Kate Barnard inmates "sewing through the storm" of pandemic
OKLAHOMA CITY, Okla. – When hands and hearts are intertwined – there are no limits to the good these Kate Barnard inmates can create.
“We call this ministry sewing through the storm,” one inmate said.
This ministry originally started to help one correctional officer who needed to attend a funeral.
“A family member passed away and we were having a graveside service so I needed a mask, “officer Robin White-Daniels said. “As you know, you can’t find them in the stores so an inmate offered to crochet me one.”
That inmate was Amy Widener. “I just knew I could help out. I learned to crochet in prison. I decided I could do it like this.”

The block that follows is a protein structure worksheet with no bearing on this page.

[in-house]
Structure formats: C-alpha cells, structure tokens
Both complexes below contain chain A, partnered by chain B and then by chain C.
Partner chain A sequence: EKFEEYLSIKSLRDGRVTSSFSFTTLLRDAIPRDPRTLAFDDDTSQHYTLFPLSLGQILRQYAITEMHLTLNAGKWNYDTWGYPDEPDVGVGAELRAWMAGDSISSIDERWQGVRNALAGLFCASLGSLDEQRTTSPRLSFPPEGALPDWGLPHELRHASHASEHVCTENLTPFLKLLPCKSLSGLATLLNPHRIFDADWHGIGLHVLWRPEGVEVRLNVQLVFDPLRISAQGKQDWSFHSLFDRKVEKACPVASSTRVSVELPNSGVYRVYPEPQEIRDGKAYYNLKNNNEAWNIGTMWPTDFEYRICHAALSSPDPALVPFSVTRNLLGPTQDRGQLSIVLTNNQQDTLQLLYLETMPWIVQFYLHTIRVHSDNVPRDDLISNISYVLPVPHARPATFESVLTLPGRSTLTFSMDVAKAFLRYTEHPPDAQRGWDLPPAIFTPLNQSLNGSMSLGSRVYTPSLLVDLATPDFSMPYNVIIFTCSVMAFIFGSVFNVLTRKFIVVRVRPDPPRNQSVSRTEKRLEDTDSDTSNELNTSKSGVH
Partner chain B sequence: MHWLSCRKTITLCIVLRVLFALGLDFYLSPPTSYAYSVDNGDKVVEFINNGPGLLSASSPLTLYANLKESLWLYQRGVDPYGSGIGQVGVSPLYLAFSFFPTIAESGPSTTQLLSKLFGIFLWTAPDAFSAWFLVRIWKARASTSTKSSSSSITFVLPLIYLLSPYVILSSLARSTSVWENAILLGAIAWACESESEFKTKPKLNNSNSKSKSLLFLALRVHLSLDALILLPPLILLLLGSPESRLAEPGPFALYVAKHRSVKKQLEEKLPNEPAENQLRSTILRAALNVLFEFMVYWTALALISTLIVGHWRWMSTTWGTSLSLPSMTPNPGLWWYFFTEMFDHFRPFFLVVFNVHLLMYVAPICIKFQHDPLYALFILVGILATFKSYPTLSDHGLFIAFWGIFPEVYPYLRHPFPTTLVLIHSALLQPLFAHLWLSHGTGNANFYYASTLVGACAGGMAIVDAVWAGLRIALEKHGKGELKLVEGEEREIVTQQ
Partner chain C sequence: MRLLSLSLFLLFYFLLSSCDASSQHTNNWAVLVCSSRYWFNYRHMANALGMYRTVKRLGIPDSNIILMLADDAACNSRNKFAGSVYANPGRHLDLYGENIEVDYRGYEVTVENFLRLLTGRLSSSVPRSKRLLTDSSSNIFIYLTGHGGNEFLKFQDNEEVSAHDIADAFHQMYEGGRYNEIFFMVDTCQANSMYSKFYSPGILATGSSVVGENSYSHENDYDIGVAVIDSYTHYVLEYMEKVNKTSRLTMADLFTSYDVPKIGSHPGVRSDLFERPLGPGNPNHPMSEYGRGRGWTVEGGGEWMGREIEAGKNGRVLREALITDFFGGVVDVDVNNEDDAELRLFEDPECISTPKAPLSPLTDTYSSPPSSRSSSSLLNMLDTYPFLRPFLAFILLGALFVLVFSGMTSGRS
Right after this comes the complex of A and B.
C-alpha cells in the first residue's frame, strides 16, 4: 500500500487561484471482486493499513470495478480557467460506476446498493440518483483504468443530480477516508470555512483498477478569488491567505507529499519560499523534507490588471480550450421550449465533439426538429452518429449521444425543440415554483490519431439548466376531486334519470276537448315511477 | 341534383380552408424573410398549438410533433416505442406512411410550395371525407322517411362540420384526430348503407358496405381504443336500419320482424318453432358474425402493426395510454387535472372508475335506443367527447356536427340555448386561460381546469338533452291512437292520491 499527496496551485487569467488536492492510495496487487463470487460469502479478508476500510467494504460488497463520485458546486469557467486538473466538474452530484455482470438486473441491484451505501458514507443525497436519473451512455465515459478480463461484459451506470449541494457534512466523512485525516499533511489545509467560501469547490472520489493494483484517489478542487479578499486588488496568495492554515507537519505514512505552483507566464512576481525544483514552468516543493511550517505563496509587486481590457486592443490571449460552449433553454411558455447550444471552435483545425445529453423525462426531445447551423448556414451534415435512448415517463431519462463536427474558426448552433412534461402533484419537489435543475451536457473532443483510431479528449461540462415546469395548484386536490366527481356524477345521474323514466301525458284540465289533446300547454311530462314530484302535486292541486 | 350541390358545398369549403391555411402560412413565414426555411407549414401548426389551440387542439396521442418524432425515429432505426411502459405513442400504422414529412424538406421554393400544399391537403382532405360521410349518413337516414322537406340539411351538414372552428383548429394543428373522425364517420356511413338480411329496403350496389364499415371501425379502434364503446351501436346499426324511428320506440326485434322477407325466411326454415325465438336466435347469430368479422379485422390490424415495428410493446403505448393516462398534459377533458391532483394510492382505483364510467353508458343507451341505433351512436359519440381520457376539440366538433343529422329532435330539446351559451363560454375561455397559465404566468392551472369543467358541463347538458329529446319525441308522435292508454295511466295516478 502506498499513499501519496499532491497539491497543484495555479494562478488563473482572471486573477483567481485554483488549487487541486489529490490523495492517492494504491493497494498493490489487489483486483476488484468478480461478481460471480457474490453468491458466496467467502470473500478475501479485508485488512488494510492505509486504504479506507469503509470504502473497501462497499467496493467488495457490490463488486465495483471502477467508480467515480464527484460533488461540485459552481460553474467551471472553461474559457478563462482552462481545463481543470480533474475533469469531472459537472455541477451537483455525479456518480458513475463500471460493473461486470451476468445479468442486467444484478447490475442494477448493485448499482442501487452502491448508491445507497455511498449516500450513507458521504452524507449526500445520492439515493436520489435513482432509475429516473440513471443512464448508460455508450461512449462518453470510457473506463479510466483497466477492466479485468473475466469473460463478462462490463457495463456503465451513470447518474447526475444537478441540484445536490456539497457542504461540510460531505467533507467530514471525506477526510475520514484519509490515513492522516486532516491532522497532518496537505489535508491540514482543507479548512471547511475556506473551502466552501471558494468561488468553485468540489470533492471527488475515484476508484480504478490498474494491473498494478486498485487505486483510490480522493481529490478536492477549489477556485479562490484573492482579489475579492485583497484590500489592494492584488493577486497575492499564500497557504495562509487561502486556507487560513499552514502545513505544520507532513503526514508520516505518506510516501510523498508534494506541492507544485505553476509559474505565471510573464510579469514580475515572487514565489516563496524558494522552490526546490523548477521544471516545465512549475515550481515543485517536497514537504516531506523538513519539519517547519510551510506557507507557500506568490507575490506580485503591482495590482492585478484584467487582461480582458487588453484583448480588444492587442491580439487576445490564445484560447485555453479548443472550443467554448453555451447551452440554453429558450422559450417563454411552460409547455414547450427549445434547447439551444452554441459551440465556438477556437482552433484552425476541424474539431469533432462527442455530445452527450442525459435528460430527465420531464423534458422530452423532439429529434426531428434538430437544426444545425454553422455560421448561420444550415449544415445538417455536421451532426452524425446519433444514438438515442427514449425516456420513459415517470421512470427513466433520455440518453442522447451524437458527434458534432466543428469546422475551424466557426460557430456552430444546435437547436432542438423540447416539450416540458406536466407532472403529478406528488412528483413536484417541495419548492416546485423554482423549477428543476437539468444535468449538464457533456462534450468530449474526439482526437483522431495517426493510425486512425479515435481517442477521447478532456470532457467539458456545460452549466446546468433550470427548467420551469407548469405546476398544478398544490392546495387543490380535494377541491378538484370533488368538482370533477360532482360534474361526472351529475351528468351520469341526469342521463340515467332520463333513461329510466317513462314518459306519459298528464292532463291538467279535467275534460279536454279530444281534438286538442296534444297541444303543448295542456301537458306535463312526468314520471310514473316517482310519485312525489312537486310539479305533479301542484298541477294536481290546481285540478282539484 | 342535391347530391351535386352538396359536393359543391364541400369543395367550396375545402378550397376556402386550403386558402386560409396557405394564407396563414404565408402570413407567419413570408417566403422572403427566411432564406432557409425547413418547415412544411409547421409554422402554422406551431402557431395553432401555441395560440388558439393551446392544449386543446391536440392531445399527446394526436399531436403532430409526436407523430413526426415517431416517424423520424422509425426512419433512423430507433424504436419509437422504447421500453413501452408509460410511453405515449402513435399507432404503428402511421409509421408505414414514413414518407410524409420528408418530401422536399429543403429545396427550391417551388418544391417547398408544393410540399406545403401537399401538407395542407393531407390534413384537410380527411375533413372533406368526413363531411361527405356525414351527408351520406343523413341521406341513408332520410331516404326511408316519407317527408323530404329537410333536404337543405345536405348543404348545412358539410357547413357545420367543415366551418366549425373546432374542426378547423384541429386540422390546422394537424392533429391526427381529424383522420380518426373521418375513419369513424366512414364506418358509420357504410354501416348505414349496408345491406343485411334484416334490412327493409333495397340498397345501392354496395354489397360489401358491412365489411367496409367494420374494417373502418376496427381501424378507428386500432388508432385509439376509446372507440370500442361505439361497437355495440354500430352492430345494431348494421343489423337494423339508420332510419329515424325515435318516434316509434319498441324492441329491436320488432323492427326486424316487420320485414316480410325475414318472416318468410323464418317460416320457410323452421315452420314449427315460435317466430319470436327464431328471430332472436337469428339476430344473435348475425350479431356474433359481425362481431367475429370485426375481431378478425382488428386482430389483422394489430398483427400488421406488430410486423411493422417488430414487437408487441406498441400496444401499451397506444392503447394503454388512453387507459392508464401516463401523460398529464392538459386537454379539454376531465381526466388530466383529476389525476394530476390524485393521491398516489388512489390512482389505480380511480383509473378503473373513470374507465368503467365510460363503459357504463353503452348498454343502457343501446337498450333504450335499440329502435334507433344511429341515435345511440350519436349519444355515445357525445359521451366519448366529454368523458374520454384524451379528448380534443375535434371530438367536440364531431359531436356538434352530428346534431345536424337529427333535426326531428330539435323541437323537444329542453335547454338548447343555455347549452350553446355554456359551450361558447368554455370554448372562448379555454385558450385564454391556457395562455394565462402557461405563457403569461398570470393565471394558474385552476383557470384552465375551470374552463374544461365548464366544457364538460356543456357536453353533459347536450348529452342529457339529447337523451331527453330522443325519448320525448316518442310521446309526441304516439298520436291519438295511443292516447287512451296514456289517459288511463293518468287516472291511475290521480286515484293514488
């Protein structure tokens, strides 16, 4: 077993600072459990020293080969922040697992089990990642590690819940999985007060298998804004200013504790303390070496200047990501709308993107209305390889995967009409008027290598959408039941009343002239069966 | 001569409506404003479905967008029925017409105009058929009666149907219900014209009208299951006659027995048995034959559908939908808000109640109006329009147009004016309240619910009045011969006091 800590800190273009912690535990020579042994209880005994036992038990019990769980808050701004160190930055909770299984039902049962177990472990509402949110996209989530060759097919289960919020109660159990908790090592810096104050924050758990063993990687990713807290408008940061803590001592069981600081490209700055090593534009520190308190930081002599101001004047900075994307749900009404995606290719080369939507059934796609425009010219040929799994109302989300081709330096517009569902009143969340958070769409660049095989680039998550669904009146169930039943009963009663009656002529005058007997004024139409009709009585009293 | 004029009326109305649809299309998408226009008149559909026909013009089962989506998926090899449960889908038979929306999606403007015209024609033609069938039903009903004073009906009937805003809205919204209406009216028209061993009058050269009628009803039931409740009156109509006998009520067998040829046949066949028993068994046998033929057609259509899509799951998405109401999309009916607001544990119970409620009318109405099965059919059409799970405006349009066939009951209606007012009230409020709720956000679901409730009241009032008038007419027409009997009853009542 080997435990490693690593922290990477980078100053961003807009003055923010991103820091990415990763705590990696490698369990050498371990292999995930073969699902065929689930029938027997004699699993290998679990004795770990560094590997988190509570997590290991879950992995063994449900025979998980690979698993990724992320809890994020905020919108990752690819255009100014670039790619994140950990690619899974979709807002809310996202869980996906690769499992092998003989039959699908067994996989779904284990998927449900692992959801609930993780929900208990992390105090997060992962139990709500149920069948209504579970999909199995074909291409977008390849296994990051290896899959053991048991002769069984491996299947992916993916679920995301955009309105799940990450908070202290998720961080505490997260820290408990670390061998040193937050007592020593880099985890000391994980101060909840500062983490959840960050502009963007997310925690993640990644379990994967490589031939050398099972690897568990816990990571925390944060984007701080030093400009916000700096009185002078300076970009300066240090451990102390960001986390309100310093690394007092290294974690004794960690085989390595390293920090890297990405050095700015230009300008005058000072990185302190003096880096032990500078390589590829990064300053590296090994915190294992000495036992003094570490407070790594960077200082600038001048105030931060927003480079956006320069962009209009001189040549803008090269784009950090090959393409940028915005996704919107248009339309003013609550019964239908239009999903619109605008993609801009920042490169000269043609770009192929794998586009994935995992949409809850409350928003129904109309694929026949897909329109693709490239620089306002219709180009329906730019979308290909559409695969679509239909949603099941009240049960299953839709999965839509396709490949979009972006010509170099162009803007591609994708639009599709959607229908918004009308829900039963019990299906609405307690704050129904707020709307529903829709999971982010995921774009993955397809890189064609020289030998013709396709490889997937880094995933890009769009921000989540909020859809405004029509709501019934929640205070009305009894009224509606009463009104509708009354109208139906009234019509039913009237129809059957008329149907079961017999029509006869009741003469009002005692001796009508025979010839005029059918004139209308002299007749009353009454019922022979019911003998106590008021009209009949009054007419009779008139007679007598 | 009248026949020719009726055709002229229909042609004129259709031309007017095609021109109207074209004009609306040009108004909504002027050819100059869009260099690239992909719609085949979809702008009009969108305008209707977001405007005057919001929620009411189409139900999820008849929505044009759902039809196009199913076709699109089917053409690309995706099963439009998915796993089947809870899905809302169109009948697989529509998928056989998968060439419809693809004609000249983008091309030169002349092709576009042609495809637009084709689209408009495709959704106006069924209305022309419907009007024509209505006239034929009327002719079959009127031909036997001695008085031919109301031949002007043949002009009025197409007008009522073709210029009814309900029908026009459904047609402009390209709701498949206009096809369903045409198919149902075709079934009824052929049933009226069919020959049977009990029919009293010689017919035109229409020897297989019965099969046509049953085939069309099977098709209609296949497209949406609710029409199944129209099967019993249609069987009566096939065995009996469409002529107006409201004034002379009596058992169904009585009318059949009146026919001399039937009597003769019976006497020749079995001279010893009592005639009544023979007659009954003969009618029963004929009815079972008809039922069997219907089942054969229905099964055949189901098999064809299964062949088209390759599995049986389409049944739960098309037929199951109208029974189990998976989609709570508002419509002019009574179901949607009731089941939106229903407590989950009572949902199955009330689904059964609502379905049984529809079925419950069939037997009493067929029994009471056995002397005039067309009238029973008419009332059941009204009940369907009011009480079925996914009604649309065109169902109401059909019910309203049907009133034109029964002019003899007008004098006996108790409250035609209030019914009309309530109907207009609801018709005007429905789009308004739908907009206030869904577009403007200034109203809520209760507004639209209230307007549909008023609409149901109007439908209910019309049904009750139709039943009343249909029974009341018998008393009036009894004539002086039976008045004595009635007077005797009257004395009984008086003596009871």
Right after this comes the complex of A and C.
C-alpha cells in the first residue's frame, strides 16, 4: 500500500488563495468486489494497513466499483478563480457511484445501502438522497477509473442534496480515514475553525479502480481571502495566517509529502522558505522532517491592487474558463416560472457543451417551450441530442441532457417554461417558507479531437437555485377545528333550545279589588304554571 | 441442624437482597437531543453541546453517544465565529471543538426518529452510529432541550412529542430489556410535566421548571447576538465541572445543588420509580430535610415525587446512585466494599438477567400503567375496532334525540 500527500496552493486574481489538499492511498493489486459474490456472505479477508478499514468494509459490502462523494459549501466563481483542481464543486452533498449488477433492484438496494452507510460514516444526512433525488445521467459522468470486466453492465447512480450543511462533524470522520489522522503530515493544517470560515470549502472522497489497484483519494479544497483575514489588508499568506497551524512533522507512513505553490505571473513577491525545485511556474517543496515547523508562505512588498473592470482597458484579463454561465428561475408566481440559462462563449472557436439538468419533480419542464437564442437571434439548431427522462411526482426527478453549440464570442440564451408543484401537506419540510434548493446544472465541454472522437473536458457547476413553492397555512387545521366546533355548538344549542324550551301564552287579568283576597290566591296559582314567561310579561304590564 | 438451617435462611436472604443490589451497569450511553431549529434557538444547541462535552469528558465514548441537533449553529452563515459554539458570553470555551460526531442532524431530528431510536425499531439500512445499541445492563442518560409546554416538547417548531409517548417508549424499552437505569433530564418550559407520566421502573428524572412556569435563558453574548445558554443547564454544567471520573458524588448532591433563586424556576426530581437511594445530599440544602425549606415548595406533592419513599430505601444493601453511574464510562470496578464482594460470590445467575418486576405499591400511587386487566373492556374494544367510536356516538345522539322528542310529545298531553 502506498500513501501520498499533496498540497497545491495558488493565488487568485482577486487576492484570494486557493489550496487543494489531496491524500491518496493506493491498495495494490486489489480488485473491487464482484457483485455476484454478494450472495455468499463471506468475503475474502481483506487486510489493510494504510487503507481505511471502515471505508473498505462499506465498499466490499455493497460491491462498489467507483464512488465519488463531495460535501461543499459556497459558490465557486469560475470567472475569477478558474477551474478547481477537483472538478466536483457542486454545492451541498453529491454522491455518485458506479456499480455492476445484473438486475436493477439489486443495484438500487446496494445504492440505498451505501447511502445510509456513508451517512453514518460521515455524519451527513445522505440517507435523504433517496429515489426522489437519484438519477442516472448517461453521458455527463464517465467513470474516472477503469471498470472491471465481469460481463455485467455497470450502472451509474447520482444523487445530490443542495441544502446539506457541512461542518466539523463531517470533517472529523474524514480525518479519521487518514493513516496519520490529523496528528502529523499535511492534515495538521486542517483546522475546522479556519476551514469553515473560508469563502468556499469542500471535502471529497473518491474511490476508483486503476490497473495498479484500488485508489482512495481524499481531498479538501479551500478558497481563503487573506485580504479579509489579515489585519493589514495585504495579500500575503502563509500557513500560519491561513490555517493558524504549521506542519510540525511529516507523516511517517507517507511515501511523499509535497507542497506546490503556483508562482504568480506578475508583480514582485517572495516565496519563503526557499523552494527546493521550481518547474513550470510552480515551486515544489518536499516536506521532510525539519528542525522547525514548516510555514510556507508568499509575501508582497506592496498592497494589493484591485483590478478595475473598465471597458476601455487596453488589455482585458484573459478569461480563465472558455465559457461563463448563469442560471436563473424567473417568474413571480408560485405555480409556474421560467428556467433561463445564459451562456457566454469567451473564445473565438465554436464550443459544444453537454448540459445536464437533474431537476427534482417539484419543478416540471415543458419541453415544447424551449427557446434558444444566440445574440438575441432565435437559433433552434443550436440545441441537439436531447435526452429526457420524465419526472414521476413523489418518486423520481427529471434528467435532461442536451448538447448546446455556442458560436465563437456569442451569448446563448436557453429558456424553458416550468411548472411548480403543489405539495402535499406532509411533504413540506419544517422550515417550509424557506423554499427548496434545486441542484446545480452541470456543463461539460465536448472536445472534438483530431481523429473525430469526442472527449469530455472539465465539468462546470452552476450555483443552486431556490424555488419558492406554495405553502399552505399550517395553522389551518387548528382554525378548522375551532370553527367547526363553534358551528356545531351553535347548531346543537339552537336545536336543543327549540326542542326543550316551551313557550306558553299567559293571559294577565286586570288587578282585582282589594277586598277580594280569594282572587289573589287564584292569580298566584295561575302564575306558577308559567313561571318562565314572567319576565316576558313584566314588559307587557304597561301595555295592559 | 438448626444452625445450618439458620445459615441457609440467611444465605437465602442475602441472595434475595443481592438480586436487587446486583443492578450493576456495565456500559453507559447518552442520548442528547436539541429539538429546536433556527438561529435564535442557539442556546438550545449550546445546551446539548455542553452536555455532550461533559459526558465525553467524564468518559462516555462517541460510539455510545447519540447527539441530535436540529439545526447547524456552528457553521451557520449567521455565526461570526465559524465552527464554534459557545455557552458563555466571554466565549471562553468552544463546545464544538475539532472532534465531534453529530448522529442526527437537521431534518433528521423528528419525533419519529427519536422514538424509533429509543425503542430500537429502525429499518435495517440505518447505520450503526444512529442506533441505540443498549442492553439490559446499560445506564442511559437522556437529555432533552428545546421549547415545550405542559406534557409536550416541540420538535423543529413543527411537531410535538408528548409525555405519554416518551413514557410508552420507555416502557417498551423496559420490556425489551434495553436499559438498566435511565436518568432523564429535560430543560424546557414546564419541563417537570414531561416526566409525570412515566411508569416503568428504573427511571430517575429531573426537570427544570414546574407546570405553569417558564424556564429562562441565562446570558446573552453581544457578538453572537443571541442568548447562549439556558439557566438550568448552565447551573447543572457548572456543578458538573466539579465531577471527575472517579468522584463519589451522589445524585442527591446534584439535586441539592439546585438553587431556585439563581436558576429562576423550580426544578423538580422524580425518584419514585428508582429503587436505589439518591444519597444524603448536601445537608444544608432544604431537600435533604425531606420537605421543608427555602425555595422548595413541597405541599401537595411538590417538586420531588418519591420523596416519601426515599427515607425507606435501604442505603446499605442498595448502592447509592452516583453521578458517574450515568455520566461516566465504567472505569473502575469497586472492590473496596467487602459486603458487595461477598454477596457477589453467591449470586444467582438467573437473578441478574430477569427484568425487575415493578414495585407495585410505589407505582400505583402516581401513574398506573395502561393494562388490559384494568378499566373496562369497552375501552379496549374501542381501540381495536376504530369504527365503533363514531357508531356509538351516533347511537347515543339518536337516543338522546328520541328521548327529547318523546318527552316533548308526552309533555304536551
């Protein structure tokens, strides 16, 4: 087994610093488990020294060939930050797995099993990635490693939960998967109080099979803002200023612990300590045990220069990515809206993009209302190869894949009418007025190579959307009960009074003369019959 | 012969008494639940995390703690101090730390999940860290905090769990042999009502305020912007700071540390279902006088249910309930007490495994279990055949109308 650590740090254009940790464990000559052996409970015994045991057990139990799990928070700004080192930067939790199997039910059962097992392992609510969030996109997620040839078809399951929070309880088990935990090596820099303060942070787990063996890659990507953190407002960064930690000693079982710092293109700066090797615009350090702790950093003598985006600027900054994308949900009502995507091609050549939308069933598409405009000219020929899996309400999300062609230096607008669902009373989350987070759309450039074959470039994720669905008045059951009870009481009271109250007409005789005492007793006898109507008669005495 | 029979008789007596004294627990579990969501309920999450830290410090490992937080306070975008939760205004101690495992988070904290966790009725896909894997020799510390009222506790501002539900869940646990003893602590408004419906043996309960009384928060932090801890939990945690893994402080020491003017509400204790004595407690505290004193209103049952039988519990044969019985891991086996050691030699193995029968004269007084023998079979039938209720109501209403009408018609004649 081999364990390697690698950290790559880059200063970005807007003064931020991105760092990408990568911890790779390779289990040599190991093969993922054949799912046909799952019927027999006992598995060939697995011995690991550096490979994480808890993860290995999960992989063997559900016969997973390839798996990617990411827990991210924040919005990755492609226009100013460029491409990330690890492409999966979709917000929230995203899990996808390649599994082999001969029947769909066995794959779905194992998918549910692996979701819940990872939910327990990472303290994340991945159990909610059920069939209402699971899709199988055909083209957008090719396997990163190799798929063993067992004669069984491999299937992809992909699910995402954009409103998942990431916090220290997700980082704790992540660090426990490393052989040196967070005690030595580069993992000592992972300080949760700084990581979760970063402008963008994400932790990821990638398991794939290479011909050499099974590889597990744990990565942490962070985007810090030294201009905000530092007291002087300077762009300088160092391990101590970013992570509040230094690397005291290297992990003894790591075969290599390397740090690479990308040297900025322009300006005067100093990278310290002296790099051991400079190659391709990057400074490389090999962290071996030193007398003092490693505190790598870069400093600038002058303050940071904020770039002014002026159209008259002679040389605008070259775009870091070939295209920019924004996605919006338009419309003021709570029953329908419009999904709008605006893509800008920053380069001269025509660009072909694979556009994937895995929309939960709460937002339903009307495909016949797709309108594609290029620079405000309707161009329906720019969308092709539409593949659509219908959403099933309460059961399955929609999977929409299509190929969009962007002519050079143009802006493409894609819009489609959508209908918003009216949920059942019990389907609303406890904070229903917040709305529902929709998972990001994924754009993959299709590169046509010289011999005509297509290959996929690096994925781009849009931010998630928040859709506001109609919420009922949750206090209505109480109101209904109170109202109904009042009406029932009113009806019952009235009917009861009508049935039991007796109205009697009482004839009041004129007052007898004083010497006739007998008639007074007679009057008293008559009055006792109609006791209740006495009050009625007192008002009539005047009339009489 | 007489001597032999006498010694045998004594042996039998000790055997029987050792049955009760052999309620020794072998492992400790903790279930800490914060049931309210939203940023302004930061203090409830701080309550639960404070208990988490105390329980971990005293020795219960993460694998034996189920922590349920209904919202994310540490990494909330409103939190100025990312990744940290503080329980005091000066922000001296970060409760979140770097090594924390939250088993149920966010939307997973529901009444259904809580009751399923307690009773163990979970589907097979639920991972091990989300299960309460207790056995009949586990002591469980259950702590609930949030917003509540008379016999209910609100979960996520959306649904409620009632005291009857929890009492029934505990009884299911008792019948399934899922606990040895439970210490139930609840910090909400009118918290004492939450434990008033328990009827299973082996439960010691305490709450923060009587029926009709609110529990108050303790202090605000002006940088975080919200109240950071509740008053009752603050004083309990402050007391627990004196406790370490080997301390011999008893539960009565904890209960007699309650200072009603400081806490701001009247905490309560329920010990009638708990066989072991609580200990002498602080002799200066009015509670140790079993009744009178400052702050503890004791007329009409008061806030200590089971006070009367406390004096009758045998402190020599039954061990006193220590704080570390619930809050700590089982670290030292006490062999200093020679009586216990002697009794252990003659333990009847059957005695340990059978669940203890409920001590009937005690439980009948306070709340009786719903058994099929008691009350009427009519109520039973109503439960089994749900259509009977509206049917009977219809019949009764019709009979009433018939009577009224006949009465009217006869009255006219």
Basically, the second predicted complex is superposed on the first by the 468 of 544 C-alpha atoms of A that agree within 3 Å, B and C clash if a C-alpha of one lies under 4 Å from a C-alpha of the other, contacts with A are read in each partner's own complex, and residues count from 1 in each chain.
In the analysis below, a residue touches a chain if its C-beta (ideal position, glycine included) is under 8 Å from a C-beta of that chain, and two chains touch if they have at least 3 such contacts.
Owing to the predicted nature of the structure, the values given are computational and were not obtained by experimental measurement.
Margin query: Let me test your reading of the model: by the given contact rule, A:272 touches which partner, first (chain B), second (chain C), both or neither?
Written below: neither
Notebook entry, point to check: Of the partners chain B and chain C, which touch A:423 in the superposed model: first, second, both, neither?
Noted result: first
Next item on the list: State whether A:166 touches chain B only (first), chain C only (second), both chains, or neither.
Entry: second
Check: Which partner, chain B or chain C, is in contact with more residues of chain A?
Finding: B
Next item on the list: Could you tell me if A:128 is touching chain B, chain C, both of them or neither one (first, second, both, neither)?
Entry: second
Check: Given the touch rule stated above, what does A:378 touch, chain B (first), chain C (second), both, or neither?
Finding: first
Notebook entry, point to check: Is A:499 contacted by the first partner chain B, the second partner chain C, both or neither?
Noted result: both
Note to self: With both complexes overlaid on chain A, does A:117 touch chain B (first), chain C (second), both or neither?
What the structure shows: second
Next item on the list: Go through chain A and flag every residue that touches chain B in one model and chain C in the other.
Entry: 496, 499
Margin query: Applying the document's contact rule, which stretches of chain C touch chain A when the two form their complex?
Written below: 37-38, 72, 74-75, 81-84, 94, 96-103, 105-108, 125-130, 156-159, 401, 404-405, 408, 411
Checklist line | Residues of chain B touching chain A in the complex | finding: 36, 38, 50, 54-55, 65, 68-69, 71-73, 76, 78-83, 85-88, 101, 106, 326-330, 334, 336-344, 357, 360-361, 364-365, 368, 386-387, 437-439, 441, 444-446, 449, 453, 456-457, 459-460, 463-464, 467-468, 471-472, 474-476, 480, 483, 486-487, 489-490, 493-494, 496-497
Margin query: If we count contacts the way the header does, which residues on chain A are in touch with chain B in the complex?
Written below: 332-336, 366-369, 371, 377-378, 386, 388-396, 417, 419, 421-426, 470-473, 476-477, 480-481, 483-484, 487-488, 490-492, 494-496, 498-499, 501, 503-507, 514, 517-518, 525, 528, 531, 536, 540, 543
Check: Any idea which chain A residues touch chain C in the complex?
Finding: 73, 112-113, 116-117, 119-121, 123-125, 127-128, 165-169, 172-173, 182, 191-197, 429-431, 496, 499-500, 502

That was the catalyst for a full blown mask ministry. Staff members brought in their sewing machines. Hobby Lobby donated several hundred yards of fabric.
“I’ve made 50 so far,” said Widener.
During the last month, hundreds of sewn and crocheted masks have been created and donated. It’s a collaborative effort with a common purpose.
“So much negative has come from us. We have to admit that, “one inmate confessed. “This is our opportunity to do something positive, that lives have been changed. God changes lives.”
Face masks have been made for the staff and inmates here at Kate Barnard.
“We couldn’t find any Dallas Cowboys material so an inmate actually painted this for me by hand," officer White said.
They’ve also partnered with OU Medical Center to provide masks for staff and children battling cancer.
“It touches my heart because these ladies are so dedicated,” White said.
They now know better and pledge to do better. The women are sewing through the storm and providing an umbrella of hope.